9. Yes. All of this thus far is in line with the standard of care. It doesn’t necessarily indicate a stage IV diagnosis. Today Stage 3 lung cancers are treated more aggressively with better outcomes. Remember that diagnosis is not prognosis. Given the high rates of recurrence, once the lymph nodes are affected, systemic therapy is the best course. The B12 & Folic acid are administered in advance of chemotherapy as it can deplete the B vitamins. It takes about a week for the vitamin B levels to be raised for chemo. Waiting for the biomarker tests to return is also correct in that the physician is trying to establish the most effective first line of therapy. It’s not a bad idea to continue the folic acid if targeted Or immunotherapy is administered, but be sure to have B vitamin levels checked regularly once or twice a year (typically this isn’t routinely done). If the levels are too low, fatigue is an issue but if the levels are too high, there can be serious side effects like neuropathy. Sounds like it’s all going to plan. What you may consider a second opinion if there is a targeted mutation with a doctor that has expertise. For now, one step at a time.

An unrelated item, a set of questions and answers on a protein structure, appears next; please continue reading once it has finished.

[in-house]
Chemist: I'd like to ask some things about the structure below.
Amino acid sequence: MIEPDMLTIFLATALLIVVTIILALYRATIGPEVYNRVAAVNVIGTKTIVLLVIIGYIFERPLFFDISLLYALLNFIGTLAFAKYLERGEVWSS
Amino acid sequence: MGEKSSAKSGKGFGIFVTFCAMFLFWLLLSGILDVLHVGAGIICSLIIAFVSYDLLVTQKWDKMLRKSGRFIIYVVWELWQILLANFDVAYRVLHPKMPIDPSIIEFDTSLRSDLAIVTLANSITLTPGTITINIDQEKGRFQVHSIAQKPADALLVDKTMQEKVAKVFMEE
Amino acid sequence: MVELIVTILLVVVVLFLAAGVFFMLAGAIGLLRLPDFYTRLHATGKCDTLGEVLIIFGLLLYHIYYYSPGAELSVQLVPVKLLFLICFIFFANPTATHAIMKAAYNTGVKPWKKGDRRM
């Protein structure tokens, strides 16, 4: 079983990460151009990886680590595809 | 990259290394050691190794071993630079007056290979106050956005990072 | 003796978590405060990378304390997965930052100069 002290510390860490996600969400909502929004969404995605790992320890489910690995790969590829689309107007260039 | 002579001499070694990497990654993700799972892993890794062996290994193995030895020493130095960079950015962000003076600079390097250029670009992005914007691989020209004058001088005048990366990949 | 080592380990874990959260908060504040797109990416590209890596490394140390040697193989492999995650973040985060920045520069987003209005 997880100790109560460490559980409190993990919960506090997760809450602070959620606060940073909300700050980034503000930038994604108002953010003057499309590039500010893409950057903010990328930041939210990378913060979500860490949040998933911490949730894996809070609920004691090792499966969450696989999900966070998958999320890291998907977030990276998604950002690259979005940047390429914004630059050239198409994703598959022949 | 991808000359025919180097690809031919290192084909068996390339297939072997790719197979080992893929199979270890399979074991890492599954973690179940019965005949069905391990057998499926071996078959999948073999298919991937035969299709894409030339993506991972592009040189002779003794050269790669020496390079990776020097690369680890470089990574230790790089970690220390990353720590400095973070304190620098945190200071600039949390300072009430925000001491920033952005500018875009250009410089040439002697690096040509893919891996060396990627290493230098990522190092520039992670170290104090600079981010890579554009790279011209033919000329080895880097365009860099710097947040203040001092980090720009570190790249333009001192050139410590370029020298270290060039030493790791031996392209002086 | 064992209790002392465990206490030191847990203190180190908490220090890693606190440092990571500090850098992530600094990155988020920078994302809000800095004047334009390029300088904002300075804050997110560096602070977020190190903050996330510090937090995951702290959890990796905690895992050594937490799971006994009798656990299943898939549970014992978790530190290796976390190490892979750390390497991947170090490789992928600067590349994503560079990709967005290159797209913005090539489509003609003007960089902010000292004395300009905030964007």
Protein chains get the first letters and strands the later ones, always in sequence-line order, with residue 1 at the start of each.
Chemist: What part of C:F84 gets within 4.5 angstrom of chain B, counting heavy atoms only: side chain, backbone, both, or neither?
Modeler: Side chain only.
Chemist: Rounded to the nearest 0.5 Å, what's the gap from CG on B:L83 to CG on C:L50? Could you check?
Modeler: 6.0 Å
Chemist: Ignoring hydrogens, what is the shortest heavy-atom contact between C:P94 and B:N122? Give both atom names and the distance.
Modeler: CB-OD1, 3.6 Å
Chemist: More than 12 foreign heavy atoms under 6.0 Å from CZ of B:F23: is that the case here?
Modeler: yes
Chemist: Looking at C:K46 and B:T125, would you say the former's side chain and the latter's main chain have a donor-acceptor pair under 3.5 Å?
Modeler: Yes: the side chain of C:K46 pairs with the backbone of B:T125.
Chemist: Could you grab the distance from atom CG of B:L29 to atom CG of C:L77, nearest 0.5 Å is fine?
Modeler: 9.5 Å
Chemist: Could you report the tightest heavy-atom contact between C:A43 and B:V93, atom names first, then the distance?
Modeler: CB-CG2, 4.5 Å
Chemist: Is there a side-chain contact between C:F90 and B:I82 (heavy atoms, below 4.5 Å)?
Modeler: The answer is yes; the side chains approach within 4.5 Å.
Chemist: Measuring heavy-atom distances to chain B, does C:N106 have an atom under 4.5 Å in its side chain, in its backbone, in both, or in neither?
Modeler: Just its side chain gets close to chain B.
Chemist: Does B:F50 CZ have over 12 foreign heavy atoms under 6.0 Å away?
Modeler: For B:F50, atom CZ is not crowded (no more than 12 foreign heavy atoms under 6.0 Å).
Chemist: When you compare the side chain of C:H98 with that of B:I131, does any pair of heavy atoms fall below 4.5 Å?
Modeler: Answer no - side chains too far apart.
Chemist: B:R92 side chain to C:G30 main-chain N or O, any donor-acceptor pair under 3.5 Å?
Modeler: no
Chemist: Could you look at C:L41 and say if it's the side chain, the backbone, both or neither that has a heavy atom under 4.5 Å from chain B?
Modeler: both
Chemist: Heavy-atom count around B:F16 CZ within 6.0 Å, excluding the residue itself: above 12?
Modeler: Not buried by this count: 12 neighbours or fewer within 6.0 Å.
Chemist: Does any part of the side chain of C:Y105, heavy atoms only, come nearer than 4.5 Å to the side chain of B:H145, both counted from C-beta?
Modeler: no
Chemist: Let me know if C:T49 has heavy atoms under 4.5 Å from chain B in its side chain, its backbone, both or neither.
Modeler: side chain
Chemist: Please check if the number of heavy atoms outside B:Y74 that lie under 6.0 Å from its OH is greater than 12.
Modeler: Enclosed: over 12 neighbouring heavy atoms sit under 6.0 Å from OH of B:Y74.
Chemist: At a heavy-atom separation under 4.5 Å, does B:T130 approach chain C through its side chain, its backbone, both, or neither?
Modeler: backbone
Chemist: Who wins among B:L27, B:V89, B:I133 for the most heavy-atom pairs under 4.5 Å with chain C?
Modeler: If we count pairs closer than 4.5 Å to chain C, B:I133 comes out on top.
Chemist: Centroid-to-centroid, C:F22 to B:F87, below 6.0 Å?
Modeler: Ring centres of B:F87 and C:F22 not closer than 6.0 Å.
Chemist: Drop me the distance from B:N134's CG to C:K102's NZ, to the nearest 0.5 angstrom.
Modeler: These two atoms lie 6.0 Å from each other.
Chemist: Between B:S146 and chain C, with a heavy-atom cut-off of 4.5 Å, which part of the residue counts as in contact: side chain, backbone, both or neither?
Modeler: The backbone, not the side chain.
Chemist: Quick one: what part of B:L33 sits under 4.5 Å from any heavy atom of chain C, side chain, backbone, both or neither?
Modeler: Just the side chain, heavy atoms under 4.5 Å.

10. Hello Karen Michelle here. Like some of the others, I’ve invested quite a large sum of money in integrative medicine. The diet recommended to me was Andrew Weill MD’s anti inflammatory diet. This includes fruits, vegetables, whole grains, fish, and a few others. Juicing is not recommended as there is too much fiber lost from the whole food to support a diverse microbiome. There’s increasing evidence that a healthy microbiome does help to improve lung cancer outcomes. I diffuse organic essential oils for one hour at bed time- a combo of lavender Frankincense & orange. I’ve been doing weekly acupuncture to address the side effects of my targeted therapy as well. I try and walk every day, and have taken up Qi Gong/Tai Chi to help improve my lung functioning. It’s been almost three years for me now and so far I’m blessed to be doing well.